Richard Garner: So where do fish and chips come from?

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There has been a great deal of harrumphing and anxiety amongst education traditionalists that the name of Winston Churchill is missing from the revamped national curriculum on history due to be introduced in secondary schools to be taught from next week.

Eyebrows have also been raised in the same quarters that more emphasis is to be placed on the work of William Wilberforce, the MP who campaigned to abolish slavery, as teachers are asked to spend more time discussing slavery and the history of ethnic minority groups in this country.

Personally, I think those that grumble should relax and get a life. The history of the Second World War is still up there in the forefront of compulsory topics to be studied and I cannot for the life of me think how a teacher could cover it adequately without mentioning Churchill.

For good measure, Hitler is not mentioned by name either and I challenge any teacher to be able to teach the topic without mentioning either of them. In fact, any teacher that did could be in line for a kind of reverse award – like pupils who fail to get even a "G" grade in their GCSE exams but still turn up to do the paper.

Seriously, though, I do not think the role of our greatest wartime leader (there, I agree with the traditionalists on that one) will be diminished simply because his name is not on a bit of paper put in front of the teacher as he or she prepares for history lessons.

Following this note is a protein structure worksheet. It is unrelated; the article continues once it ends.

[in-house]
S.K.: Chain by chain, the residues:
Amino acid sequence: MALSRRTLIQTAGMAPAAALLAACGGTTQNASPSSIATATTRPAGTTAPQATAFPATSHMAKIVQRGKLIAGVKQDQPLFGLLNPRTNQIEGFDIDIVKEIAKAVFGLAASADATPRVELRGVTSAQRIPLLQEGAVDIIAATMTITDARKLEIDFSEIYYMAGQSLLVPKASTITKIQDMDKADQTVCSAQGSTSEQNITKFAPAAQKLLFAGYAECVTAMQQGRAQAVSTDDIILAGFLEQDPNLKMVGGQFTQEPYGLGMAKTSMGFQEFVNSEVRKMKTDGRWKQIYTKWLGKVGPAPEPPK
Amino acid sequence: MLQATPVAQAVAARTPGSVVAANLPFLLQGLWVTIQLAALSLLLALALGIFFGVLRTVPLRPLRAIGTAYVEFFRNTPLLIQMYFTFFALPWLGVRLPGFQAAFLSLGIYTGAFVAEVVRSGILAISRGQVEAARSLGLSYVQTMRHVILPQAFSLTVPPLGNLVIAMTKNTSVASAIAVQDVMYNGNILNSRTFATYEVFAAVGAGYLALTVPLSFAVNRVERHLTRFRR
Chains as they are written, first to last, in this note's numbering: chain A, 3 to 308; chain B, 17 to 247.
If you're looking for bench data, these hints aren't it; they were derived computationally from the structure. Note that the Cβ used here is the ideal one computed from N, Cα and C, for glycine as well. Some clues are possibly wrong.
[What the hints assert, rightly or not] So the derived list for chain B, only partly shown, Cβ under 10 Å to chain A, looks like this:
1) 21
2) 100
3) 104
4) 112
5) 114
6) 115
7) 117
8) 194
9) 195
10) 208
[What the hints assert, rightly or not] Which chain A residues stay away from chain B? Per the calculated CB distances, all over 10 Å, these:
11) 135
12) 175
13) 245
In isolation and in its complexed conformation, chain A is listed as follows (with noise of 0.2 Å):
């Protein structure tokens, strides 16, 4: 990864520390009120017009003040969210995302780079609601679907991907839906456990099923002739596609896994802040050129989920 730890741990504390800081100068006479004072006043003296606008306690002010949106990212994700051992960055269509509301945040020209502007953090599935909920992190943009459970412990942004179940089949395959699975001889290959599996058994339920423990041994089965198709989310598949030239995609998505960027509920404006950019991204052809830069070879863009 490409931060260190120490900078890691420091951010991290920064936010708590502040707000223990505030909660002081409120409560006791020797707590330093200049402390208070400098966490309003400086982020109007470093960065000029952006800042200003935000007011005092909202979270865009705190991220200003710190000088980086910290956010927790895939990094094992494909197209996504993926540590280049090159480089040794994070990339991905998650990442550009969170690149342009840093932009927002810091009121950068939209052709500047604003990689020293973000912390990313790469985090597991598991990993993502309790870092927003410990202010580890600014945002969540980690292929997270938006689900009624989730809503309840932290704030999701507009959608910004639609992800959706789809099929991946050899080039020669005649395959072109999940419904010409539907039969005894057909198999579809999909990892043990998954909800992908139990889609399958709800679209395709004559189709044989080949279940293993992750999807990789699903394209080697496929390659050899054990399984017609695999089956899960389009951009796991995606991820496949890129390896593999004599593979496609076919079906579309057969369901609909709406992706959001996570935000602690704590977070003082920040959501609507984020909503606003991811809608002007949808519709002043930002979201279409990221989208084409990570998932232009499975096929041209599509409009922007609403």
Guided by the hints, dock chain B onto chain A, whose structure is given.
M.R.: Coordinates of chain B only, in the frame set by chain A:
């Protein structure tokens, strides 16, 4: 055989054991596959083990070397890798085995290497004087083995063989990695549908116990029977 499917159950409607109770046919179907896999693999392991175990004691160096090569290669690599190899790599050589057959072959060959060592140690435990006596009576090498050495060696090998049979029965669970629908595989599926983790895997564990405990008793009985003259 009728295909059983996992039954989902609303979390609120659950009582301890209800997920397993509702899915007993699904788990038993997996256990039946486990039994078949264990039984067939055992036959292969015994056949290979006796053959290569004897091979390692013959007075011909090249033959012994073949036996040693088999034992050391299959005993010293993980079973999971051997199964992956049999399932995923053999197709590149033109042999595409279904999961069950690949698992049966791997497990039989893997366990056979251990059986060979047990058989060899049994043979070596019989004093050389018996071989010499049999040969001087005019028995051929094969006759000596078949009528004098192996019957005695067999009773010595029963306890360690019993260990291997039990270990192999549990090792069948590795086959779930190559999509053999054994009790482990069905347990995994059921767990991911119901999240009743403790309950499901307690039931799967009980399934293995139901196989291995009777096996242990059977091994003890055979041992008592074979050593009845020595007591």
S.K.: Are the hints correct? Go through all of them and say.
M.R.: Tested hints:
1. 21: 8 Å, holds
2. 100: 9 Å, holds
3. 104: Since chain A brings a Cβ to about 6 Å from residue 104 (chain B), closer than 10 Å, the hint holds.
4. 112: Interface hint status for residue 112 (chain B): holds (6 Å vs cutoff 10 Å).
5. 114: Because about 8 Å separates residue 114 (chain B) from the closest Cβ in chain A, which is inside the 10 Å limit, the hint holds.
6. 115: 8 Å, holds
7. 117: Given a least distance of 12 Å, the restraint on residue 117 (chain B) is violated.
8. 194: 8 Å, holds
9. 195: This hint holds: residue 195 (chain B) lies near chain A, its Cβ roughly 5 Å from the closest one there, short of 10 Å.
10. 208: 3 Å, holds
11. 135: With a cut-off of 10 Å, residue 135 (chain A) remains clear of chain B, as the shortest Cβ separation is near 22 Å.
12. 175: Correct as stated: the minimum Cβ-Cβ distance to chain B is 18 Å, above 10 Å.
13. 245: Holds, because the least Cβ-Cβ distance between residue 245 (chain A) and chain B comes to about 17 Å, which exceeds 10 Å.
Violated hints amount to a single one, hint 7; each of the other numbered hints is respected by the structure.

Of course, if I am to be consistent in my argument, I would have to say there is no need to mention William Wilberforce by name if you are telling teachers they should include slavery (and its abolition) as part of the required curriculum. My point, though, is that it does not matter whether the name is there or not – the teacher should, and can, be trusted to deliver.

A wider point emerges. Should we be putting so much emphasis on the study of black Britons and ethnic minority groups in the history syllabus? If we are to come to a greater understanding of the diverse ethnic groups that now live in the United Kingdom, the answer has to be yes.

I was a history enthusiast at school – taking the subject up until A-level but, while I could recite to you the dates of the kings and queens of England back to 1066 by the time I had finished compulsory schooling, I would not have been able to tell you who Olaudah Equiano was. (For the uninitiated, he was one of the most prominent people of African heritage in the British debate for the abolition of slavery. A former slave, he managed to buy his freedom and wrote an autobiography depicting the horrors of slavery). I could have told you that slavery was abolished, that William Wilberforce had a lot to do with it and that – by and large – what he achieved was a good thing. I had no knowledge of what impact it had from a black person's perspective or, indeed, how long our country had played host to so many representatives of ethnic minority groups.

Of course, the curriculum will cover more than just this aspect of black history as it strives to give a fuller picture of our ethnic minority groups' participation in the United Kingdom. It should cover, too, the arrival of Russian and Jewish exiles in the late 19th-century. Maybe it could even cover the fact that the first people to fry fish in batter in the UK, and to help produce fish and chips, were Portuguese Jewish refugees in the East End of London.

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